A Short History of Douglass Day (text)

Did you know? Douglass Day helped give rise to Black History Month. It’s why we have Black History Month in February.

After Frederick Douglass passed away in 1895, many saw the importance of honoring his memory and activism. In Washington, D.C., a group led by Mary Church Terrell, (an important African American activist, educator, and author) observed Douglass’s birthday every February 14th as “Douglass Day.” See Terrell’s account of creating Douglass Day on the Library of Congress website.

Very important. It proves that I and nobody else established Douglass Day — I did so at a Board of Education meeting held Jan 12, 1897
A note by Terrell about her role in establishing Douglass Day in 1897

Douglass Day quickly became a school holiday across the country, a time to take children in DC and elsewhere out of school to hear Douglass’s words. These celebrations helped give rise to Black History Month, enriching the long tradition of African American rituals for remembering the past. The rituals of remembering became memorials themselves.

Today, we celebrate Douglass Day with a giant birthday party. The Colored Conventions Project helped revive these celebrations as memorials that invite active participation and communal gathering. We hold an online transcribe-a-thon and other events that invite people to participate in the making of Black history.

In 2020, we will focus on Anna Julia Cooper, an African American writer, intellectual, educator, and activist. Our collective efforts—what we create on 2/14—helps to remind us that African American history is American history.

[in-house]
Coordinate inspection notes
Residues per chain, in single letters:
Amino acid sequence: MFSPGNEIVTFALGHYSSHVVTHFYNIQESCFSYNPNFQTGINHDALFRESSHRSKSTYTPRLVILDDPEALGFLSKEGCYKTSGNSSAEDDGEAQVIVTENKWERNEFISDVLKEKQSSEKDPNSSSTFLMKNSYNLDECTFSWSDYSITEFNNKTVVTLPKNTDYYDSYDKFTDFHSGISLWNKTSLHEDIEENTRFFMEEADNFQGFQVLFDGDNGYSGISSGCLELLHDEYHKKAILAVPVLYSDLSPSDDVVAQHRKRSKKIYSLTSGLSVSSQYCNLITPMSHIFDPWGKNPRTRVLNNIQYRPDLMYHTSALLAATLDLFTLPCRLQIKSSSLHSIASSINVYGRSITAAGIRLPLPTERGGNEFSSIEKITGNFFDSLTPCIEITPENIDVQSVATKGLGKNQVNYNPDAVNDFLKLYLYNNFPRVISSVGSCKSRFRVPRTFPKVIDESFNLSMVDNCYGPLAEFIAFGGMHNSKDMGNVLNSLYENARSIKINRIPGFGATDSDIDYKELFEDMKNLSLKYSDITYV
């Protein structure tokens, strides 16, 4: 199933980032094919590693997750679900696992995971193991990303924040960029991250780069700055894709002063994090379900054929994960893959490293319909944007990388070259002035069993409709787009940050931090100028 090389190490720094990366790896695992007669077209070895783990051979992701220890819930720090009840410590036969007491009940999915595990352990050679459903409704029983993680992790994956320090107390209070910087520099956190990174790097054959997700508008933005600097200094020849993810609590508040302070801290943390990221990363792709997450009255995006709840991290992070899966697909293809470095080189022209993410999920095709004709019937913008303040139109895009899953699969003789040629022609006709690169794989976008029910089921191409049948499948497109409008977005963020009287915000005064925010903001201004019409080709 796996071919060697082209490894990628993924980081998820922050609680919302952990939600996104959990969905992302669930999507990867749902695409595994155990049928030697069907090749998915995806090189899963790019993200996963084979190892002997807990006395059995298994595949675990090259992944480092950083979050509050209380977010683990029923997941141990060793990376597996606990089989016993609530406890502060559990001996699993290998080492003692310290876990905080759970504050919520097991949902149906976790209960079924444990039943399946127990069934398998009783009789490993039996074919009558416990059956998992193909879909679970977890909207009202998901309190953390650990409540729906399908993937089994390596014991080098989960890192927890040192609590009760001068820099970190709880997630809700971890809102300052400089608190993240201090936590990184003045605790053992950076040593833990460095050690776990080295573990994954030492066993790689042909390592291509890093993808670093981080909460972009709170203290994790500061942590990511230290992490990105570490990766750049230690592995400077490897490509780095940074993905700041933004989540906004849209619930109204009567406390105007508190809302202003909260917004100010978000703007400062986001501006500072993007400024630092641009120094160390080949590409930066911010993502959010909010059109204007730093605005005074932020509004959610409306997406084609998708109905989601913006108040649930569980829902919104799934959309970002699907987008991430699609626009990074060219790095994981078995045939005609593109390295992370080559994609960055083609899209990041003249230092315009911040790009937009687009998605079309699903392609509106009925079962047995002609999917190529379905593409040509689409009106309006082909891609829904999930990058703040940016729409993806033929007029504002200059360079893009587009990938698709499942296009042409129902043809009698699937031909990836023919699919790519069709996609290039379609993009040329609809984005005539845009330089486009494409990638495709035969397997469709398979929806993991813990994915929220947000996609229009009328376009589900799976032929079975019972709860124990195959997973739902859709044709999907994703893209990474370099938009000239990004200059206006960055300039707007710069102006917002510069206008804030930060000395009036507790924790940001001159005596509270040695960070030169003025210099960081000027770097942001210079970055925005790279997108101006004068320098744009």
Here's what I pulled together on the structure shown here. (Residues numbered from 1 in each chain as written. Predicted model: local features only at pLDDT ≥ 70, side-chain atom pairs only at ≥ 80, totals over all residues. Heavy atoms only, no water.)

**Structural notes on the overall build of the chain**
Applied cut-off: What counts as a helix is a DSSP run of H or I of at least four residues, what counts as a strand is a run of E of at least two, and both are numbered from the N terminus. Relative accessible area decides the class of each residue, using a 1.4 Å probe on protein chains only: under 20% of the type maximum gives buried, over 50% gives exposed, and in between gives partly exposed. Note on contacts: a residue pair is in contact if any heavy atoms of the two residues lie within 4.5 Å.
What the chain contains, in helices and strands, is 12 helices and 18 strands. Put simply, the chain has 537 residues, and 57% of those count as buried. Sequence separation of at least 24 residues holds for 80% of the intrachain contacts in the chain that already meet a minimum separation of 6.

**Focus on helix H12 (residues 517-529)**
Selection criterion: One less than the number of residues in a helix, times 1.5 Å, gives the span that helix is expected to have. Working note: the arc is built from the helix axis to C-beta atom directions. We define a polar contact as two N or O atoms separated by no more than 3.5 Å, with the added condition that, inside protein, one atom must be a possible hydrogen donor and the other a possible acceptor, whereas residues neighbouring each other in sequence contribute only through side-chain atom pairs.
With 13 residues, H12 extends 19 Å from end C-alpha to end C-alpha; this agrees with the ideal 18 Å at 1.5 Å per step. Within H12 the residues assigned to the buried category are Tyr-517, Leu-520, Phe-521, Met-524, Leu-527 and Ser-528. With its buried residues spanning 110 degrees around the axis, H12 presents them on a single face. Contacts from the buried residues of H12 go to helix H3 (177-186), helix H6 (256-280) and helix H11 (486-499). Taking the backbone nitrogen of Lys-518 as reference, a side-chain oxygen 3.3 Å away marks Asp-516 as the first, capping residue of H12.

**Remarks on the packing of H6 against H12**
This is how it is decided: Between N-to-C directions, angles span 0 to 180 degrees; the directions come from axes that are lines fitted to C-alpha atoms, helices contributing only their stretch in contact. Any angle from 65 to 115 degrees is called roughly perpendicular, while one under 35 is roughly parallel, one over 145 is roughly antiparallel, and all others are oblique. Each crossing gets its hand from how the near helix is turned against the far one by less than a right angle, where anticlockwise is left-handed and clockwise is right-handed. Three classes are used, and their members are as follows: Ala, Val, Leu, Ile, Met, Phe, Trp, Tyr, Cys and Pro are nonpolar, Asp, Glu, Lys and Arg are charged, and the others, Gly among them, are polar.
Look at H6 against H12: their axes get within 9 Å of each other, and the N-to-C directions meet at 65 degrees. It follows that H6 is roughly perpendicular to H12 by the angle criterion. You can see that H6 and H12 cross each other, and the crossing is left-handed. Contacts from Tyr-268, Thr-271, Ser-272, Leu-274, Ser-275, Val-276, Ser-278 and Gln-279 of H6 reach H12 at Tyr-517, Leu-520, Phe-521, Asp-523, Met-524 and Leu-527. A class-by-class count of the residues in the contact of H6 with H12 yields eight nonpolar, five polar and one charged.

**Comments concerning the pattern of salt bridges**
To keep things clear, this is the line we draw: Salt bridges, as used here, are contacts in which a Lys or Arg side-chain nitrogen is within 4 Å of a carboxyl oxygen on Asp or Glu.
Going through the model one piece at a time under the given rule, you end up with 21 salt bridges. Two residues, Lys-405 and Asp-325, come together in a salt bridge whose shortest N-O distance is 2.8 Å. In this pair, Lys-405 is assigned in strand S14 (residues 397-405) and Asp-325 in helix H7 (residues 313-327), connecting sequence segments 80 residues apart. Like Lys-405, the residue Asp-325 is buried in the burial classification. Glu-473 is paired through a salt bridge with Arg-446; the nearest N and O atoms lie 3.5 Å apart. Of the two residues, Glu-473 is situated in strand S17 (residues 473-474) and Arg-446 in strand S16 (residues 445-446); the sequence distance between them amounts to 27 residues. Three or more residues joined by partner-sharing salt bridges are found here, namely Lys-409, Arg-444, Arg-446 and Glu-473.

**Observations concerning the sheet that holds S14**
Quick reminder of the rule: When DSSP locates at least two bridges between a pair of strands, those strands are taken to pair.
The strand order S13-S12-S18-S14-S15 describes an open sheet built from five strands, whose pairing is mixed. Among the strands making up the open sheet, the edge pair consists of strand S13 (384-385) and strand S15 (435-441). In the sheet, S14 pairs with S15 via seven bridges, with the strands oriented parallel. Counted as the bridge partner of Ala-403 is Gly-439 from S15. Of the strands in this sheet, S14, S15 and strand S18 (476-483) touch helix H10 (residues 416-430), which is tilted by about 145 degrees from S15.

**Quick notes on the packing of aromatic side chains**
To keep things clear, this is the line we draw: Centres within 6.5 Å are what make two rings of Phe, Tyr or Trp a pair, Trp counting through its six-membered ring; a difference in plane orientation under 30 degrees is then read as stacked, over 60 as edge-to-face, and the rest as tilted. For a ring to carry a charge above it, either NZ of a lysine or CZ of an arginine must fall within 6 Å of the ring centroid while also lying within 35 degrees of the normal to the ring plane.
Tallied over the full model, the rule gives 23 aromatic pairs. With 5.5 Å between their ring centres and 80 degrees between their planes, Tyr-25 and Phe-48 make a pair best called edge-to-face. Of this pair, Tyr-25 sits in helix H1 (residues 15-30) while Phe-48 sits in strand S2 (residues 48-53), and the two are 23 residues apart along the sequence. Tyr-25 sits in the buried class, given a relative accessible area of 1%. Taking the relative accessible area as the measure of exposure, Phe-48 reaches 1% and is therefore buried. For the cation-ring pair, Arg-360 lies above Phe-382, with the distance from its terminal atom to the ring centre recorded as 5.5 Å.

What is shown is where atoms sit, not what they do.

Along with transcribing, we hold readings, discussions, and chat on social media — plus stickers, singing, and birthday cake!

Douglass Day & the Colored Conventions Project

The Colored Conventions Project has helped to revive Douglass Day as a way to celebrate Black History Month with a digital and participatory twist.

Special thanks and acknowledgement are due to leaders on the Colored Conventions Project, including (among many others) Jim Casey, Denise Burgher, P. Gabrielle Foreman, Lauren Cooper, datejie cheko green, Carol Rudisell, David Kim, Allison Robinson, Brandi Locke, and Anna Lacy.

Archive of Previous Douglass Days

2017 – Colored Conventions Project and Transcribe Minutes

2018 – Colored Conventions Project, Smithsonian Transcription Center, and the National Museum of African American History and Culture

2019 – Colored Conventions Project and the African American Museum of Philadelphia

Past posters

Past coverage of Douglass Day

Keyes, Allison. “Frederick Douglass’ 200th Birthday Invites Remembrance and Reflection.” Smithsonian Magazine.

Bruce, Jordan. “Students, faculty transcribe black history in library.” Trinitonian, Trinity University

Capella, Natalia. “Douglass Day celebrates abolitionist’s fight for freedom.” UT Daily Beacon, University of Tennessee.

Caruba, Lauren. “San Antonio students carefully transcribing letters of former slavesSan Antonio Express-News.

Duque, Catalina Sofia Dansberger, “UMBC honors Frederick Douglass’s legacy with event to transcribe Freedmen’s Bureau papers.” UMBC News, University of Maryland-Baltimore County. 

Holland, Maggie. “Making history permanent: UGA participates in Douglass Day Transcribe-a-thon eventt.” The Red & Black, University of Georgia.

Hubbard, Kylie. “UT community members gather to celebrate Frederick Douglass.” UT Daily Beacon, University of Tennessee.

Lamson, Lisa. “Frederick Douglass Day: Transcribing History.” Historians@Work, Marquette University.

Larkin-Gilmore, Juliet. “Frederick Douglass Day 2018.” Center for Digital Humanities, Vanderbilt University.

Manser, Ann. “Happy 200th, Frederick Douglass.” UDaily, University of Delaware.

Owens, Ann Marie Deer. “African American history ‘transcribe-a-thon’ honors Frederick Douglass.” Research News @ Vanderbilt University.

Ward, Jared. “Turning historic Freedmen’s Bureau Papers into digital documents at Virginia Tech.” WDBJ CBS-7. (Video)

Weinstein, Carley. “Happy 200th Birthday Frederick Douglass.” News@Hofstra University.

“Celebrating 200 years of Frederick Douglass Through Transcription,” Smithsonian Transcription Center.